I started bouncing an idea around in my head this weekend while all of the Sunday Morning news shows were discussing Justice Stevens’ retirement. “If I had to replace Justice Stevens with a law librarian… who would I pick?” Now, you may chuckle about the idea of having a law librarian as Supreme Court Justice, but it may not be that far of a stretch to think of someone with the skills of a law librarian to put on the black robes and write judicial opinions. In October of 2008, US News and World Report said that the “Best Nonpolitical Job” for a political junkie was a librarian. The US Supreme Court is supposed to rise above the fray of politics, so who better to do that than a law librarian?
If I weren’t limited by the fact that serving on the Court requires you to be alive, my choices would have immediately gone to two personal legends in the field; Roy Mersky (1925-2008) of the University of Texas or Bob Oakley (1945-2007) of Georgetown University. Both were known as “giants” in the field of law librarianship and deeply respected for their leadership. Although I’d only met Roy Mersky a few times, it was clear that he commanded whatever room he was in. I had the pleasure of serving with Bob Oakley on the American Association of Law Libraries’ (AALL) Future of Law Libraries in the Digital Age special committee, where Bob made sure that all of the committee members stayed on task. However, since Merksy and Oakley are no longer around, who are the giants of the law library field that we could nominate today?
We could look at the list of past presidents from AALL for names of leaders within the field. Cornell’s Claire Germain (2005-2006) jumped off the list as someone that commands a room like a Roy Mersky. Claire would most likely make a great Justice, but her French accent may not play well on some of those cable news networks. Another great choice might be Barbara Bintliff (2001-2002) who was just announced as the new law library director for the University of Texas. I’m not sure if Barbara is willing to give up a great position in the capital of Texas to take up one in Washington, DC at this moment. How about someone like Mark Estes (1992-1993) from the Alameda County law library? Mark and I have made some appearances lately on Rich Leiter’s Law Librarian Conversation podcasts, so I hope I haven’t diminished his chances for nomination.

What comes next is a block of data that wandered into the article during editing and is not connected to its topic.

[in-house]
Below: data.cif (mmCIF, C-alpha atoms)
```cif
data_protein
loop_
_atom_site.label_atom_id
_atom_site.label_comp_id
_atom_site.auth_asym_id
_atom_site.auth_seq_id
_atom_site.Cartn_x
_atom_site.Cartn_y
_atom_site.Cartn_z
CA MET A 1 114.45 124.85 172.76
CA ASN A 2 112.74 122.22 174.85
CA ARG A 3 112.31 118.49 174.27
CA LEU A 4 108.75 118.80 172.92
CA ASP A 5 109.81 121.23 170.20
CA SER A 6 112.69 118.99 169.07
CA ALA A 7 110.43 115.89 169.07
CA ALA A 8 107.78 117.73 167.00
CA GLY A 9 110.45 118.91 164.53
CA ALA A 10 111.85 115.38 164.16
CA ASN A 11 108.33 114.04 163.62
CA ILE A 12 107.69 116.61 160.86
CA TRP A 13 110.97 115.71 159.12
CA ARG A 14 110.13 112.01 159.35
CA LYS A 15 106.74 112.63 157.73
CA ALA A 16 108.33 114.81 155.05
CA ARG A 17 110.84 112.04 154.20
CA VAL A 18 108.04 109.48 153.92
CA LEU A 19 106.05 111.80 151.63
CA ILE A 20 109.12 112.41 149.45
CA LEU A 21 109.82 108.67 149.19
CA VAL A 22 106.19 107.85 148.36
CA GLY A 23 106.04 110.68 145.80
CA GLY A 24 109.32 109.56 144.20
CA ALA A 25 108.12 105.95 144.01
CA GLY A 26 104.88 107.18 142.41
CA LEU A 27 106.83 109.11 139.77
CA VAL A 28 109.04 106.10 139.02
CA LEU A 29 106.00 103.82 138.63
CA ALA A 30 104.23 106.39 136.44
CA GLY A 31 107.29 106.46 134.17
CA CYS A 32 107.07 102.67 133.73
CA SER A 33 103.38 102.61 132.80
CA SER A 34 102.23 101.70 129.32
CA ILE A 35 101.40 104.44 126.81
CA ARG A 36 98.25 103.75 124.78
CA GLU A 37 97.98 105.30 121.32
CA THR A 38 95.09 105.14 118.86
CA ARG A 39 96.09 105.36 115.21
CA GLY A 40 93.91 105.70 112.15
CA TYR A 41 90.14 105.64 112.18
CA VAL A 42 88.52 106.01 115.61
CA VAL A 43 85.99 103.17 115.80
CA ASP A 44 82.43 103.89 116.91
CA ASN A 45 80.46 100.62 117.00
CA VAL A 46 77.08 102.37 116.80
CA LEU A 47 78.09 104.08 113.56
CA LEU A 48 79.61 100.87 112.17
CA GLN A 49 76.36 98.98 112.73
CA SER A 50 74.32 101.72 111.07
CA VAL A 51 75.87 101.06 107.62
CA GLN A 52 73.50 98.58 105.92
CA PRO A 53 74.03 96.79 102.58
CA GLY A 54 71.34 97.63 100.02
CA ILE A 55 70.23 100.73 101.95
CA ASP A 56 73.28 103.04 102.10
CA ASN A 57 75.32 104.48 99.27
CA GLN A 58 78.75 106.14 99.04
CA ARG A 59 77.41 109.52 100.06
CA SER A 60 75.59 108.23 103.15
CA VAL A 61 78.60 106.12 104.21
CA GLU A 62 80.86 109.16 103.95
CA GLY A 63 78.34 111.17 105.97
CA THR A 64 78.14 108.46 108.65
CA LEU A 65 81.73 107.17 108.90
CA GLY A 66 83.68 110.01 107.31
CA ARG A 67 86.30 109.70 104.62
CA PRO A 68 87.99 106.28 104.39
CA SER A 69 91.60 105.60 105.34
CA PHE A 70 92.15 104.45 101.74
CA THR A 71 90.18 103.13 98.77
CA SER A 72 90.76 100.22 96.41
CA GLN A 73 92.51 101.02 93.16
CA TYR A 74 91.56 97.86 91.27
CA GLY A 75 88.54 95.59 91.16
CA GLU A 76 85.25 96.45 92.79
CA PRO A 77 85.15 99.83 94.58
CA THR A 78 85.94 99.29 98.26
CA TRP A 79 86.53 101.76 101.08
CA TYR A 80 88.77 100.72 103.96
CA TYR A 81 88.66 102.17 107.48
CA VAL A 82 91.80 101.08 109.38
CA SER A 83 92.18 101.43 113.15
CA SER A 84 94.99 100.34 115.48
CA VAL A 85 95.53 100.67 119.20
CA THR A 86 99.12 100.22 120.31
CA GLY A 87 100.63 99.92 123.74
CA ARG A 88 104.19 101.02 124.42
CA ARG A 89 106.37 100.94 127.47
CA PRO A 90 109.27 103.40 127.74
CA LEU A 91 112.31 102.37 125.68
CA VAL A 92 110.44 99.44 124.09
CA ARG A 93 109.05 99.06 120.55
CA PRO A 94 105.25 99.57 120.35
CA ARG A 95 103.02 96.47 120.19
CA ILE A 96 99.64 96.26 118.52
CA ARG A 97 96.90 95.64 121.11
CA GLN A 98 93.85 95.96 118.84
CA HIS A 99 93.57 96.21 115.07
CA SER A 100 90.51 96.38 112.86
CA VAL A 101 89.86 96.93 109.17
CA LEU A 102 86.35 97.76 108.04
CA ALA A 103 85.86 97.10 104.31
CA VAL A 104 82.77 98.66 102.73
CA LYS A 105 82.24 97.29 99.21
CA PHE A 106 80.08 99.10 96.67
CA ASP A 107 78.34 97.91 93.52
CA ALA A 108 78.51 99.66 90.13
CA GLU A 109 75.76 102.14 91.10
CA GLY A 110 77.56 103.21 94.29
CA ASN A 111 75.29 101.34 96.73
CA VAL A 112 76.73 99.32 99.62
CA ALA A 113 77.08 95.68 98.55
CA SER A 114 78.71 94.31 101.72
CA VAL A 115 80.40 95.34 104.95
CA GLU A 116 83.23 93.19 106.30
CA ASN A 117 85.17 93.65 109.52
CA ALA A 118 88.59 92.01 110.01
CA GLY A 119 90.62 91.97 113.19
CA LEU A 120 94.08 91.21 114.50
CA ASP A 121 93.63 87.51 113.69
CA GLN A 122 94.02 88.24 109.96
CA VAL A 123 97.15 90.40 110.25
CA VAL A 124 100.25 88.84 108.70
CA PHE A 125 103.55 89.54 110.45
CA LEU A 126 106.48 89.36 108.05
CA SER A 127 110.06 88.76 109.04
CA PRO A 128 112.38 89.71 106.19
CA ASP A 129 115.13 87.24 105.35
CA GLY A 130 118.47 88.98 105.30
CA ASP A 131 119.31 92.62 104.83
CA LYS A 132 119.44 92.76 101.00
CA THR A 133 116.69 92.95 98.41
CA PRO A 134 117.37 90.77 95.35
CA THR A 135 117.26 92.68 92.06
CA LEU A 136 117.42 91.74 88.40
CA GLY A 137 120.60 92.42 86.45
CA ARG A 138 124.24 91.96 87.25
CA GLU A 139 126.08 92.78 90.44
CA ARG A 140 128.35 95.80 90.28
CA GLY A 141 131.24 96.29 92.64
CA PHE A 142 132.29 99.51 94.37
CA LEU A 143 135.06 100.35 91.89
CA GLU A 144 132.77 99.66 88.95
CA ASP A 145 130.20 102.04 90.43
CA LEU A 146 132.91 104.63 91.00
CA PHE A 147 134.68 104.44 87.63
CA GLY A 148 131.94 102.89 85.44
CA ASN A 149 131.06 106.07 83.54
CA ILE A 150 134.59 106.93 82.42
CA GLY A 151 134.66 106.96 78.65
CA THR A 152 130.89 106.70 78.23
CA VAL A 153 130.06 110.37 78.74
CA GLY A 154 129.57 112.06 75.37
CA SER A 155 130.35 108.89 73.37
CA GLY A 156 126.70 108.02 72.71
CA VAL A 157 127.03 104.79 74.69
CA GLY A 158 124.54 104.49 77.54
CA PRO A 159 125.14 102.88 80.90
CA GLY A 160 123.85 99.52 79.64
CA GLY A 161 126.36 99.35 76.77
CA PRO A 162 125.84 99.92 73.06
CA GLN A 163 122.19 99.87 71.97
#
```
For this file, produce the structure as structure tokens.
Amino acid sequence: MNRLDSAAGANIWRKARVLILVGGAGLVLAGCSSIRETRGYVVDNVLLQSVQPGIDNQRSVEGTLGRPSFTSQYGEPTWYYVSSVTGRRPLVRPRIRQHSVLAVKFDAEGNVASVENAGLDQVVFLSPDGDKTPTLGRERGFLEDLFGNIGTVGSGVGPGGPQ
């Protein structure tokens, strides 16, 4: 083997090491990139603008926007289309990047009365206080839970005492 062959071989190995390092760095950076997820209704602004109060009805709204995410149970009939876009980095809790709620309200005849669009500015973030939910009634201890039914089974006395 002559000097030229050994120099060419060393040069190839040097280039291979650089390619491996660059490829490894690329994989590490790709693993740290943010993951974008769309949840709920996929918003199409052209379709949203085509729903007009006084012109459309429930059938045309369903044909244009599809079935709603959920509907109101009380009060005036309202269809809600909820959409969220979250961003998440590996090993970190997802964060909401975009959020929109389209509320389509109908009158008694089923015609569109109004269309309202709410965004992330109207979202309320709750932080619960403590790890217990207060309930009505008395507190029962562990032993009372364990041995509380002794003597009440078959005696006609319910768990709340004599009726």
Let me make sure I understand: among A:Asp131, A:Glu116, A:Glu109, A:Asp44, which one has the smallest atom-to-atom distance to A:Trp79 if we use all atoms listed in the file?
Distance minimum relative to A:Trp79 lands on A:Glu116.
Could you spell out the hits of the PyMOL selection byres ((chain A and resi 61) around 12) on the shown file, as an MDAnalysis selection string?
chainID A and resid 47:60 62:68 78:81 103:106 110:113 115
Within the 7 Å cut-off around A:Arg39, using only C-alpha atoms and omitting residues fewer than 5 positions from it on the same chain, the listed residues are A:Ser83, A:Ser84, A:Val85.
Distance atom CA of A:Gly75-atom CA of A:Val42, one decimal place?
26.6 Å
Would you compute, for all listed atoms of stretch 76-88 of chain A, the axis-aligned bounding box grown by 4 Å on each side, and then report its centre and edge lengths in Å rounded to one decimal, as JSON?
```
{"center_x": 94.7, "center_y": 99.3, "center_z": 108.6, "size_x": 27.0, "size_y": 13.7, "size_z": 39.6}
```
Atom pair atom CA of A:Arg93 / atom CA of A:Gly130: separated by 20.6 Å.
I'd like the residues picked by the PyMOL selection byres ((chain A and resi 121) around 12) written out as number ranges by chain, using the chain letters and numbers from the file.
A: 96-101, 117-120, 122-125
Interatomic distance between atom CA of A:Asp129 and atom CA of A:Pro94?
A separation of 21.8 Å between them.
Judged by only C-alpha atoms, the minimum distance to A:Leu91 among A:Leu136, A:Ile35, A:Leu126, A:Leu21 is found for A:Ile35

How about someone that is not on the AALL past president’s list? There are a few names out there that always seem to be discussed in law librarian circles. Jim Milles from the University of Buffalo would be a good choice. Although, anyone that knows Jim might think that his trail of blog posts might make him a target of some within the Senate confirmation hearings. Tom Bruce of Cornell’s Legal Information Institute (LII), might be another law librarian to consider (note: although, not officially a law librarian, his work with LII earns him an honorary title). Tom’s work with LII, and his current affiliation with Carl Malamud’s LAW.gov effort might also make for some interesting Senate hearing discussions.
With the exception of Mark Estes, it seems that the picks for law librarians to replace Justice Stevens have an academic bias. So, let’s pick a couple of names from law firms. There’s Bob Oaks from Latham and Watkins. That would be an easy choice since he’s already right there in Washington, DC. There’s also the famous “Al of Cleveland” Podboy from Baker Hostetler. However, I just don’t think that Al Podboy would want to give up the comforts of Cleveland and move to Washington. My personal favorite in the law firm category would be Steven Lastres of Debevoise and Plimpton. Anyone that can master libraries, knowledge management, and records management (and I’m sure a few more departments on top of those) should be able to step right in to the Court without blinking an eye.
[Note: It was pointed out to me that I did not list any women law firm librarians on this list despite the fact that probably 80% or more of the AmLaw 100 library directors are women. I apologize, for there are a number of qualified women that make the list with Jean O’Grady from DLA Piper being one, and Gitelle Seer from Dewey & LeBoeuf being another of a long list.]
I’m sure there are a number of well qualified law librarians I missed on my very short list of potential replacements for Justice Stevens. So, if I missed your name, or someone that you would like to see nominated for the high court, chime in below.